Kirk MooreKirk Moore
Associate Editor Kirk Moore was a reporter for the Asbury Park Press for over 30 years before joining WorkBoat in 2015. He wrote several award-winning stories on marine, environmental, coastal and military issues that helped drive federal and state government policy changes. He has also been a field editor for WorkBoat’s sister publication, National Fisherman, for almost 25 years. Moore was awarded the Online News Association 2011 Knight Award for Public Service for the “Barnegat Bay Under Stress,” 2010 series that led to the New Jersey state government’s restoration plan. He lives in West Creek, N.J.

The Nor'easter

Workboats go high tech

Kirk Moore
11/20/2012

A couple weeks back, I had the opportunity to visit the Trimble user conference as part of my other online work for WorkBoat's parent company Diversified Communications, where I also cover the 3D data acquisition market. I was there to look at laser scanners (devices that shoot out millions of laser pulses to create accurate 3D digital representations of the real world), but found myself ogling a pretty cool survey vessel while I was at it.

Brought by Trimble partner company Measutronics, A Nickel More was as tricked out with as much survey equipment as I've ever seen, with laser scanning devices, multibeam and side-scan sonar, ROVs and plenty more. Measutronics sells these technologies as a reseller and then trains and helps with installation companies that buy the products. Generally, they focus on the marine construction marketplace (Trimble has a big marine construction division as well).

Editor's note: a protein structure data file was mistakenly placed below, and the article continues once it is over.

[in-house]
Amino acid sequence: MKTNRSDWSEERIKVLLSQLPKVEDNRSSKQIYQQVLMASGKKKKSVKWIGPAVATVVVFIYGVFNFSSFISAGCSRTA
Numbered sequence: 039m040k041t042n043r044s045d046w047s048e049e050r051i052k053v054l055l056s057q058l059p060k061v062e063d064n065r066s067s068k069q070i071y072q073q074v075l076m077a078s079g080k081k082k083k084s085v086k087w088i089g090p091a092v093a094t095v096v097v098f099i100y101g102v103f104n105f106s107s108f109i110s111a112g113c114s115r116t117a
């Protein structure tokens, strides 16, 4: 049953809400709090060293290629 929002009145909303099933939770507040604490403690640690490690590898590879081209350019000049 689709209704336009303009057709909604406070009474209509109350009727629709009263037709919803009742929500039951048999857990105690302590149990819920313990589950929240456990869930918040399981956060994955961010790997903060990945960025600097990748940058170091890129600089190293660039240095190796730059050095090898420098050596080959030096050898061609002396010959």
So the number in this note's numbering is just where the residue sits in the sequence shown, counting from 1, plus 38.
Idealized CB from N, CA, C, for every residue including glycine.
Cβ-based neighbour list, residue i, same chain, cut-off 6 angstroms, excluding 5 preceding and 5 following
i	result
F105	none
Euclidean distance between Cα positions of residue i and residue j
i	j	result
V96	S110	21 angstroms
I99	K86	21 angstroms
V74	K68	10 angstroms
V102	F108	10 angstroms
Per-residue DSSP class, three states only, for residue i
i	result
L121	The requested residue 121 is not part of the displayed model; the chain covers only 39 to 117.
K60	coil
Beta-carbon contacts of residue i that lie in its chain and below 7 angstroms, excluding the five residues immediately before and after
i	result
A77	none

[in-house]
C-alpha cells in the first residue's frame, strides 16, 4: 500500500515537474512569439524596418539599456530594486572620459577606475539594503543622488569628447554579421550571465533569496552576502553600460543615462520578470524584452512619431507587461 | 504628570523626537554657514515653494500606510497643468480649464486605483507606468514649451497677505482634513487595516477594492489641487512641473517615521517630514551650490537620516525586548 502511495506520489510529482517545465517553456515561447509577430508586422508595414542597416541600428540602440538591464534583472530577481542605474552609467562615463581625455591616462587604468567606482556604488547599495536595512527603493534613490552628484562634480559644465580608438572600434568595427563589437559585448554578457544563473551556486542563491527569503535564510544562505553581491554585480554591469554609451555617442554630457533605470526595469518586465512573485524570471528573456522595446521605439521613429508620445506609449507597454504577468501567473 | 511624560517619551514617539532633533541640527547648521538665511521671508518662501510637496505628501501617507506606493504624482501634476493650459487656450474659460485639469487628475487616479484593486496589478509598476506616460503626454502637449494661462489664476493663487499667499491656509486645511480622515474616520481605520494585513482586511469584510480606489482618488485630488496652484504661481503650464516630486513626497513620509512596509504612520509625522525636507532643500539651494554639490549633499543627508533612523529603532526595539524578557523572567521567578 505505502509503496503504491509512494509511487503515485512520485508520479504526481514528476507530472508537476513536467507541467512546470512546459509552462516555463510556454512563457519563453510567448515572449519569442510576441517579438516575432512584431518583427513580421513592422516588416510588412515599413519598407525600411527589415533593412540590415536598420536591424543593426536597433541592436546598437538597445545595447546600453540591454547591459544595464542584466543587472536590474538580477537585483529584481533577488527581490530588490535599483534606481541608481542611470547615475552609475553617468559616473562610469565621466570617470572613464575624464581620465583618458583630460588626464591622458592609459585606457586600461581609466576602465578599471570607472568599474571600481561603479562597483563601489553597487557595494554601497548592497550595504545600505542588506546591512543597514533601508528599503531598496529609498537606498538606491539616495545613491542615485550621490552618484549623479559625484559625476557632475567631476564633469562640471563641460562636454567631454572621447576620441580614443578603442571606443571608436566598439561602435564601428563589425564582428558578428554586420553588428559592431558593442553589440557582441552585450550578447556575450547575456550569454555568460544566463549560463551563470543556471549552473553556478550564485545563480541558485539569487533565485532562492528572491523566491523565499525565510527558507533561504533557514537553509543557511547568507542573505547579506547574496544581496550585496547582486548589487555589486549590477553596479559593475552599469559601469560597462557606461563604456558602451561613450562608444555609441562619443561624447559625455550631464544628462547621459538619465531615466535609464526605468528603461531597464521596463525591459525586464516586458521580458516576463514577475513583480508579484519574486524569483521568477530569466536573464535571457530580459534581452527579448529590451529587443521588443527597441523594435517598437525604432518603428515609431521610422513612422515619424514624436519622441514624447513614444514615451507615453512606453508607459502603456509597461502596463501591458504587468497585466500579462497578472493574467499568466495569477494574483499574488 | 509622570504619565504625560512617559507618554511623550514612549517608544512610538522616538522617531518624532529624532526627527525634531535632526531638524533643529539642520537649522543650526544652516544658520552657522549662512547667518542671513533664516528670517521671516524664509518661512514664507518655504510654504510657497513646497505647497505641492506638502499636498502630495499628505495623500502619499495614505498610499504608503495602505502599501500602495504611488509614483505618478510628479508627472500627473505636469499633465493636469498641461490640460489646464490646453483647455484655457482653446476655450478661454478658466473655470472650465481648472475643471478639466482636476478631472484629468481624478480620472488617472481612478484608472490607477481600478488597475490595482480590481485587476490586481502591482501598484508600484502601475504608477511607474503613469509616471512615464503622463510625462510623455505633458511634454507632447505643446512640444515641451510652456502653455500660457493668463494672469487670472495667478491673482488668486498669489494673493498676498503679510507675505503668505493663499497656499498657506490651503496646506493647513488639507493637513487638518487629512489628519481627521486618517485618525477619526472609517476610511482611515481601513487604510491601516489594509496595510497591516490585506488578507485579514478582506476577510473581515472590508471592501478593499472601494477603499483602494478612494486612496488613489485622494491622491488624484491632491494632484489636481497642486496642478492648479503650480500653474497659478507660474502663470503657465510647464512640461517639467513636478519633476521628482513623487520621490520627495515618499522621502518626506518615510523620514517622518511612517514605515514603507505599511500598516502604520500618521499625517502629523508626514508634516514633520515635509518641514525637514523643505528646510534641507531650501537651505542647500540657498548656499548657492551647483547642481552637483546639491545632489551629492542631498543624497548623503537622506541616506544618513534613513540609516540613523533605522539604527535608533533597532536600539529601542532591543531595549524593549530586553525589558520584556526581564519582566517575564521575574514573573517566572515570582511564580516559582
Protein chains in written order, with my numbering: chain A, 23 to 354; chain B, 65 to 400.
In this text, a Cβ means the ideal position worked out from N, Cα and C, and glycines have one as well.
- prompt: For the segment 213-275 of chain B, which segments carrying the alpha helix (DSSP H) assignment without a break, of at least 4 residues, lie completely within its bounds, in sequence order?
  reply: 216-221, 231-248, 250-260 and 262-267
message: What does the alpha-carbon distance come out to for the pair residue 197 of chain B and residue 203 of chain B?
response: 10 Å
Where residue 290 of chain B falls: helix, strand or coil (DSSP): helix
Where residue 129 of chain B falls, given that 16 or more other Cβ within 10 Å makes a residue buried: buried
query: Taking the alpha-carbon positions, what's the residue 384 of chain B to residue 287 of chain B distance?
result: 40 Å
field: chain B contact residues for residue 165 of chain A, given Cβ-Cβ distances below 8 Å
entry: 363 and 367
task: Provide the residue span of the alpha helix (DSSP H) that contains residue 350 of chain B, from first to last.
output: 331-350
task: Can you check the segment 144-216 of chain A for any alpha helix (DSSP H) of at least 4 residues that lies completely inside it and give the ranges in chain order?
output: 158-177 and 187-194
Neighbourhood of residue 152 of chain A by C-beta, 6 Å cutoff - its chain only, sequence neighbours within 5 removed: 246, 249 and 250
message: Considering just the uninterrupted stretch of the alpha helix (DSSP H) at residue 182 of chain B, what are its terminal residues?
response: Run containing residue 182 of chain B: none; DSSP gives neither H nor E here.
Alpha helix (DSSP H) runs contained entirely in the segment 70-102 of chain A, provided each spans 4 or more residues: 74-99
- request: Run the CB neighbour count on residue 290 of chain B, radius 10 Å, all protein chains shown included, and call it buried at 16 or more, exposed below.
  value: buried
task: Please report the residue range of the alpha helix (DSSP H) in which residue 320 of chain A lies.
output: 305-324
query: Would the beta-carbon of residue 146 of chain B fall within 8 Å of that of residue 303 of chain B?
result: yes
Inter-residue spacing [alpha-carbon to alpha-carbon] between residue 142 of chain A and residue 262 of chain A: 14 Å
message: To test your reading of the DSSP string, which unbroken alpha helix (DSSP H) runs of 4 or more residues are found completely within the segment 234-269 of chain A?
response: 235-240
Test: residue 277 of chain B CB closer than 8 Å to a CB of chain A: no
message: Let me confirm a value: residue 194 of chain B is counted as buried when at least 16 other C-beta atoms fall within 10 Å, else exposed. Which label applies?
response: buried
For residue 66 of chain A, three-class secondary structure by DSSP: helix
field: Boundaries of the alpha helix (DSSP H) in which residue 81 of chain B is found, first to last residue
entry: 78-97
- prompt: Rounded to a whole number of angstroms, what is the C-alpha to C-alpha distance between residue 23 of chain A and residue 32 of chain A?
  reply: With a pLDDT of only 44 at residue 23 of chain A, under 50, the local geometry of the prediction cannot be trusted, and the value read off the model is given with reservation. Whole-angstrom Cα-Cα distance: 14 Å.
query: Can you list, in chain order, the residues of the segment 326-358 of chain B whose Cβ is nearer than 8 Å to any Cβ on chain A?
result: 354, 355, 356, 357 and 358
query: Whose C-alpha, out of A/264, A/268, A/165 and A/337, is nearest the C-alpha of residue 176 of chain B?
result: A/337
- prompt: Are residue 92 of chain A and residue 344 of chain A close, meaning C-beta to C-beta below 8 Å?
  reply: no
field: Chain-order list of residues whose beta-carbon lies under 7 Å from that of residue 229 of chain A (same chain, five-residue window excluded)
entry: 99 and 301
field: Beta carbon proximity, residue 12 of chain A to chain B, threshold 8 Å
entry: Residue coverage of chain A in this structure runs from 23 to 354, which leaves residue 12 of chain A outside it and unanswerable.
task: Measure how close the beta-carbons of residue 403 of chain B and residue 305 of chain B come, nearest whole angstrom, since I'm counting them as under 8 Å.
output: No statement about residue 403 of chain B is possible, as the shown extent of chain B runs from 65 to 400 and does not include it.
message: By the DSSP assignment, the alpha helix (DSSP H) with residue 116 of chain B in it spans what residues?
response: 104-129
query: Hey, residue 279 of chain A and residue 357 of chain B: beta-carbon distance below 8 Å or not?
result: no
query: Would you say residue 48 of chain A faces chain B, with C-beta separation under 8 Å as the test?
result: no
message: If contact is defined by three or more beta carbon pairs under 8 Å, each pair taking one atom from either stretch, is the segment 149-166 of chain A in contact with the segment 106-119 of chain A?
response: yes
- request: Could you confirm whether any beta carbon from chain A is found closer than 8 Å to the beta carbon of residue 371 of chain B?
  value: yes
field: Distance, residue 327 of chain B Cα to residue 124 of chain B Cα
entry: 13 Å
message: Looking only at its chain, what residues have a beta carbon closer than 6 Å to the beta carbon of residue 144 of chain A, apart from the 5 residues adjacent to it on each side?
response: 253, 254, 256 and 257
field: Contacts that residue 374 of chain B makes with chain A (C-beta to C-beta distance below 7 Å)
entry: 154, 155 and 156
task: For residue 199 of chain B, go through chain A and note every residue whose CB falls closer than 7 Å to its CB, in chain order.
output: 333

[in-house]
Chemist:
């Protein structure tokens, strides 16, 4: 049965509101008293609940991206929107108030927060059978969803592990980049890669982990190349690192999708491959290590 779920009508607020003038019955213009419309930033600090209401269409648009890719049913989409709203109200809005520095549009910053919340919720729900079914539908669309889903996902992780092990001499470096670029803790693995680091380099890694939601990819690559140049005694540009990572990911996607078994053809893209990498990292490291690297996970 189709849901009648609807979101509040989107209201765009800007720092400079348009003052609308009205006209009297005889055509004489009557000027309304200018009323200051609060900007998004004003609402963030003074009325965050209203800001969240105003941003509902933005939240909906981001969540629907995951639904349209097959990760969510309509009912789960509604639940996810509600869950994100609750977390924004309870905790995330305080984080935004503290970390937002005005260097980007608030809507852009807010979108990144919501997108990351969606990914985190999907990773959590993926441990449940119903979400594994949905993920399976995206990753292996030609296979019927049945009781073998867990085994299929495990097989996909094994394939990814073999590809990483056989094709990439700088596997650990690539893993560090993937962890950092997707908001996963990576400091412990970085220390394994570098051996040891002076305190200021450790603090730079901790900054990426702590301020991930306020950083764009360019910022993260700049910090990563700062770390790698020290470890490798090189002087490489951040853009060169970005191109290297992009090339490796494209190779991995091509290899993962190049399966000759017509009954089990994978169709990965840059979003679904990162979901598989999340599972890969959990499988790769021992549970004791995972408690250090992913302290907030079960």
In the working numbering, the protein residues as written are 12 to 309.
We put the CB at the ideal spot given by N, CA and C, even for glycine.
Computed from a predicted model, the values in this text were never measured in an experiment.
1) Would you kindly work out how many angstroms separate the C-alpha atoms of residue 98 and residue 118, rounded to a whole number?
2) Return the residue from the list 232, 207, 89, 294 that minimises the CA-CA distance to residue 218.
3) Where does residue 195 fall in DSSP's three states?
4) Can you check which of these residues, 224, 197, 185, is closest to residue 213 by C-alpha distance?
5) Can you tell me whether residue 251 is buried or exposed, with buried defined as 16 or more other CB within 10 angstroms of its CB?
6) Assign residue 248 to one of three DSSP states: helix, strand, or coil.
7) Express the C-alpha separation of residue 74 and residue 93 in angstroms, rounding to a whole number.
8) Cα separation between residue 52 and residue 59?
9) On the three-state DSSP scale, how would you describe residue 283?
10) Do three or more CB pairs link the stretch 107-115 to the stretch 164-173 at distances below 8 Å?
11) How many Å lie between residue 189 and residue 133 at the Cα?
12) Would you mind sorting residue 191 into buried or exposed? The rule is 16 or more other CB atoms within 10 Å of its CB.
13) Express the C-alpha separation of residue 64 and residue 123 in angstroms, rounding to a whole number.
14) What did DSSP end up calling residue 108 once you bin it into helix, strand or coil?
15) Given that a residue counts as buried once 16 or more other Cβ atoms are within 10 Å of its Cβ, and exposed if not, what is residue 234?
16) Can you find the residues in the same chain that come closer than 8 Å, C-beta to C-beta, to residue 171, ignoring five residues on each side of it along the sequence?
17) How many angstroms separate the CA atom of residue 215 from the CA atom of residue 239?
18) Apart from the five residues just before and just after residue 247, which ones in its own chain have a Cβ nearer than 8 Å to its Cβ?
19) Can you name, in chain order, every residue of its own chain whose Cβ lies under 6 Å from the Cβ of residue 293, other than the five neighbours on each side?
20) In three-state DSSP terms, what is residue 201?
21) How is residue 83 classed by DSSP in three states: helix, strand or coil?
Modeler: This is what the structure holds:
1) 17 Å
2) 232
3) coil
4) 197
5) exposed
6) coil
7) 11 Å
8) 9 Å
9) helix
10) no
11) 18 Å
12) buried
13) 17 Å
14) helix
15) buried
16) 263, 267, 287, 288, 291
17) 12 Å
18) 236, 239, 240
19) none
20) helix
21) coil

With the rate at which survey and measurement technology is advancing — getting smaller, more accurate and more durable — workboats are becoming increasingly sophisticated floating research labs. Some of this technology, however, might even be suitable for more standard tugs and OSVs. Just as we're seeing more cameras (even thermal cameras) on vessels for safety applications, it may not be long before many vessels have 3D sonar on board for making sure there's nothing on the sea floor that might pose a hazard, or for providing quick looks at piers and offshore platforms for safety purposes or routine maintenance.  

It's possible that some independent operators might separate themselves by virtue of their onboard technology offerings. 

Who knows what the future might bring, but here's a quick look at some of what I'm talking about: 

A Nickel More, on the show floor at the Mirage for the Trimble Dimensions conference: 

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And here's what an Optech laser scanner looks like when mounted:

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And a closer look at the RoV:

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